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Monday, November 8, 2010

2-Phase Logical Delete Polling Pattern

A common pattern, or anti-pattern, seems to be using LogicalDeletePollingStrategy, where the DbAdapter updates the status from 'N' to 'Y', then the BPEL process itself further updates the status from 'Y' to 'P'.

There are pitfalls with this pattern if the end-end process is synchronous.  By synchronous the DbAdapter polling does a synchronous post to BPEL, the complete BPEL process is executed synchronously, then control is passed back to the adapter, which does post processing updates and commits the global transaction that it started.
  • First of all the DbAdapter raises to BPEL (or Mediator) first, and then when it commits the global transaction it updates say 'N' to 'Y'.  So in a synchronous end-end process the update from 'Y' to 'P' is likely to happen before the update from 'N' to 'Y'.
  • Second it is highly likely that with XA the same SQL connection will not be used for the 'N' to 'Y' and 'Y' to 'P' updates.  Hence the updates may deadlock each other.  If you were to use an emulated one-phase commit, internally the data source may use a single SQL connection as a way to guarantee XA, but otherwise there is no guarantee.
  • Third in a synchronous end to end process the DbAdapter polling update only occurs if the global transaction, and hence the BPEL process, completes successfully.  Hence updating the logical delete status column twice is superfluous, as with a synchronous process and XA no meaningful intermediary step exists.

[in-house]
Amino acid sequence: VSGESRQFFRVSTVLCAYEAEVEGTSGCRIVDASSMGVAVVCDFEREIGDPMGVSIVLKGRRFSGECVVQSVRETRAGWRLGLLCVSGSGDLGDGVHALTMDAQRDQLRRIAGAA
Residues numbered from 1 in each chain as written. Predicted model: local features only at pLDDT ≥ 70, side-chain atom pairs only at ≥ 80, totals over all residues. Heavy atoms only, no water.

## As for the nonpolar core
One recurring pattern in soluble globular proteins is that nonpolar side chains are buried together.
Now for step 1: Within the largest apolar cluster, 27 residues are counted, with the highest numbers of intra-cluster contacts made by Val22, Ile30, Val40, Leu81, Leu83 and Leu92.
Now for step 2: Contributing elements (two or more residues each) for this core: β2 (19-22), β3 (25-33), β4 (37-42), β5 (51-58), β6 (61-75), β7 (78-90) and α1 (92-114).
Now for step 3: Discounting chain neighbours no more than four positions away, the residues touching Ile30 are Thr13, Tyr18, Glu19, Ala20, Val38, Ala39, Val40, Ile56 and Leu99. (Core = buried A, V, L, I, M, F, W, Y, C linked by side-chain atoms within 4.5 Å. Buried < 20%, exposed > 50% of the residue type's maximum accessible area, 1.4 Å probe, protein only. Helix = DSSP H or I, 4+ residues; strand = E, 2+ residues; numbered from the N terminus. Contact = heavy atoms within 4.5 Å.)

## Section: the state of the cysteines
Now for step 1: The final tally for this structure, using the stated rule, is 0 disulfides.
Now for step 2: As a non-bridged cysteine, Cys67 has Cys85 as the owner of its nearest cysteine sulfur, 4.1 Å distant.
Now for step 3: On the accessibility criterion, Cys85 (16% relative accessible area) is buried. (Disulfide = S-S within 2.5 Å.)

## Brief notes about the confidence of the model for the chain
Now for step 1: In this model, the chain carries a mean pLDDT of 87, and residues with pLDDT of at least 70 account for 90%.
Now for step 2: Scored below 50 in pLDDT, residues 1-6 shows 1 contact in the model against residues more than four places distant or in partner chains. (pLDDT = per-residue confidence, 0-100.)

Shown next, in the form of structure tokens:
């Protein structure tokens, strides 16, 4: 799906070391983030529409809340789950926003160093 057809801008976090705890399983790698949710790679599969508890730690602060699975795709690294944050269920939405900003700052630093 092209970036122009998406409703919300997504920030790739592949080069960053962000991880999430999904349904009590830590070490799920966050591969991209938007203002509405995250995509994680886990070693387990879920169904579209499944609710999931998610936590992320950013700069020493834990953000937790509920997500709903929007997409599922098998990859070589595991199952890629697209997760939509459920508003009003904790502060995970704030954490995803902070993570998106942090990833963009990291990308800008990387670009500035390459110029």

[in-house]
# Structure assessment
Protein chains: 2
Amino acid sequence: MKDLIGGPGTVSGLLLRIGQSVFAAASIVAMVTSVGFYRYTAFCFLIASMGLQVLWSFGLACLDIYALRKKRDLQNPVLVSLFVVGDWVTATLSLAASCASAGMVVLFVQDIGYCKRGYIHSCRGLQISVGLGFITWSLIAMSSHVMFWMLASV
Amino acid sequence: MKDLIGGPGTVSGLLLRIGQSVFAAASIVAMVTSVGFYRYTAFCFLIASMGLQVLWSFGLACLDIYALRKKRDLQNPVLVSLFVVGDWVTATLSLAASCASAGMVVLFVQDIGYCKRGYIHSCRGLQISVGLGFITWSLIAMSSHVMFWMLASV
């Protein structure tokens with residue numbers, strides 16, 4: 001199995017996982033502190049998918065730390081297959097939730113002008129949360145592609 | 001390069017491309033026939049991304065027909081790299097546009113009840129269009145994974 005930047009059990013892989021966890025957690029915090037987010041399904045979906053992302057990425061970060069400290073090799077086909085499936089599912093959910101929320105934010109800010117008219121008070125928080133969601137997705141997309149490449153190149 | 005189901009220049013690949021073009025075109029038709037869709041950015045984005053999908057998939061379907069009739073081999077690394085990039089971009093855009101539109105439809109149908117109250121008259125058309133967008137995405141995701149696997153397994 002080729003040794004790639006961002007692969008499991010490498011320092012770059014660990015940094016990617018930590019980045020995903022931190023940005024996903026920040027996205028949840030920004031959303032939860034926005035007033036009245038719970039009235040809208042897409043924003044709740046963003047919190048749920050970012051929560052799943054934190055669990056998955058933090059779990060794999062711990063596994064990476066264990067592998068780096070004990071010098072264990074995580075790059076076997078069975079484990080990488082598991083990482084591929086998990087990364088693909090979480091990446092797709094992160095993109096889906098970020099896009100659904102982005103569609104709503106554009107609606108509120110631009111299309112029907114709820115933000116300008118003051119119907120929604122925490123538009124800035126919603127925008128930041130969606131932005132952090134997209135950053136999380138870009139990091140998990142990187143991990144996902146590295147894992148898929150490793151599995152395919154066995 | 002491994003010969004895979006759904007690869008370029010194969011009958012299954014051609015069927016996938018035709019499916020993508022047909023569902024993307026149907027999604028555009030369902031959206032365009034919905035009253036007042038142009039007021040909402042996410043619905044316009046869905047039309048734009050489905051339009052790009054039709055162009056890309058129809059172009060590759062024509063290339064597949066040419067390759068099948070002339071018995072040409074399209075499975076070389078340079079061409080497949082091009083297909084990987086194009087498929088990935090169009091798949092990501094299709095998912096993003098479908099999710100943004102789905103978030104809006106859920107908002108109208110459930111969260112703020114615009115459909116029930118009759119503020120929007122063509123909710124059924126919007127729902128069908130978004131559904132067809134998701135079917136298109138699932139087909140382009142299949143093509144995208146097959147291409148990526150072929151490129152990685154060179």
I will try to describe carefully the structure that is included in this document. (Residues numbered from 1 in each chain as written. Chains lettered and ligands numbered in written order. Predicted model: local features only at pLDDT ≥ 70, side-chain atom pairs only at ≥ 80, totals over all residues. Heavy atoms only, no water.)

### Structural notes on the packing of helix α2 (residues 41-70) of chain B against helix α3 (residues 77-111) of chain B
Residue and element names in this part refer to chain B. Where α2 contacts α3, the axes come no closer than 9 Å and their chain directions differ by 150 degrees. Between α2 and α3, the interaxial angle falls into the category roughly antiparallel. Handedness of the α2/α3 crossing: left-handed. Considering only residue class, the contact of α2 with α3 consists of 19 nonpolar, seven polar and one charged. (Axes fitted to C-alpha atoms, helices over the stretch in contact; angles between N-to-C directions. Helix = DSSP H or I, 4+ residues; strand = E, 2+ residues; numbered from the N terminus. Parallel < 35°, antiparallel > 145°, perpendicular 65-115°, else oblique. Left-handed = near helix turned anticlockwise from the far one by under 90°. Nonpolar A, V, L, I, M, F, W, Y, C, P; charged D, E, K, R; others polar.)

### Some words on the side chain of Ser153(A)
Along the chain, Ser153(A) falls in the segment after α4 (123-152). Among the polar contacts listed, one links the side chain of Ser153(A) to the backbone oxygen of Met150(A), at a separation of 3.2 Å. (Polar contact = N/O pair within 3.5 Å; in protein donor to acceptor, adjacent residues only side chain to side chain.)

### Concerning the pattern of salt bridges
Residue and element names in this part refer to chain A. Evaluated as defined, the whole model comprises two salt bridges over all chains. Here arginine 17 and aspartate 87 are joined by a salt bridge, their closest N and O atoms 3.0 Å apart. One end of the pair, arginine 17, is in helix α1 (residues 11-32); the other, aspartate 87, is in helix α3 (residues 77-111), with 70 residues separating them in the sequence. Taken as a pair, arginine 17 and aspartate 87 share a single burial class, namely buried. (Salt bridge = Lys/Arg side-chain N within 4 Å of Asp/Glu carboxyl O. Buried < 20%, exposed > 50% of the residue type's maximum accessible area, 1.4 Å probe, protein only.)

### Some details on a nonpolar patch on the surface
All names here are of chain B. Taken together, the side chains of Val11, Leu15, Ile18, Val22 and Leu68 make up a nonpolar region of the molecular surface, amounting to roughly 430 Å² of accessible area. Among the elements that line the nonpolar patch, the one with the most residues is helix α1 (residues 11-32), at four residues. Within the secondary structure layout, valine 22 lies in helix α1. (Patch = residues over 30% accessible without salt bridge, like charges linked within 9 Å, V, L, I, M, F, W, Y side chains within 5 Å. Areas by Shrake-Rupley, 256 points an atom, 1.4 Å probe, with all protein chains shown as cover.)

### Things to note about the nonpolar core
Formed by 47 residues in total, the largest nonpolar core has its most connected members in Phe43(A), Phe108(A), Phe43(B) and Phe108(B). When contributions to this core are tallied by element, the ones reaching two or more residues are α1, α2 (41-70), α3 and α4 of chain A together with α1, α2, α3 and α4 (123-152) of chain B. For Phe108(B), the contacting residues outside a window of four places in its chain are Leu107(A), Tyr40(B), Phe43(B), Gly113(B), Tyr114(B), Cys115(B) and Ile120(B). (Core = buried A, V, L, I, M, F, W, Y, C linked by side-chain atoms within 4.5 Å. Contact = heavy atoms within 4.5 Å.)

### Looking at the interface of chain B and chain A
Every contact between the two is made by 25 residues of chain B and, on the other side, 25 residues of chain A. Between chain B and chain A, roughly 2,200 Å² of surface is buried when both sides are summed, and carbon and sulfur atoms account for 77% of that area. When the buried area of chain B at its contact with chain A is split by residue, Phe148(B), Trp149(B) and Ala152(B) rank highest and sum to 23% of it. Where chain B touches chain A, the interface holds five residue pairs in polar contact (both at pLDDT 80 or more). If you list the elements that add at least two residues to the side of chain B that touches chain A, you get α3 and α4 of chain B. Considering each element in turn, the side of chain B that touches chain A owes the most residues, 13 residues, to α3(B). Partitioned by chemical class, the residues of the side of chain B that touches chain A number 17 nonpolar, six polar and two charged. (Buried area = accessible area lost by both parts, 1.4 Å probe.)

For these three reasons please only do this 2-phase logical delete pattern when using an asynchronous post to BPEL (or using parallel routing in Mediator).  There you have two transactions (DbAdapter->BPEL, and BPEL), hence it makes sense to have an intermediary status value for the logical delete column.  If you optimize your process to be synchronous, have the logical delete directly update from 'N' to 'P'.
If your process is asynchronous and you are using local transactions (non-XA) on inbound, the problem is similar.  This time the post from DbAdapter to BPEL doesn't happen in a global transaction, so instances once delivered to BPEL can be executed immediately.  By definition without a global transaction the two are not synchronized.  It then becomes a race condition to see whether the DbAdapter can finish its transaction before a BPEL engine thread executing the process instance does the final 'Y' to 'P' update (in a third transaction).  If you had select for update polling, you may see deadlocks.  What can make this even worse is having MaxTransactionSize > MaxRaiseSize.  This could result in the DbAdapter posting multiple times to BPEL during its local transaction.  After the first non-synchronized post BPEL can immediately start executing the 'N' to "Y' process asynchronously.  But the DbAdapter still needs to go back and call many more posts before it can commit its 'N' to 'Y' transaction.  It will almost certainly lose that race condition in this case.
Hence if you are to use the two-phase logical delete make sure the process is both asynchronous and that inbound is using an XA (or at least emulated XA) data source.  To verify the last step make sure your connection factory sets a value for xADataSourceName (in place of or in addition to a non-XA data source referenced by dataSourceName).


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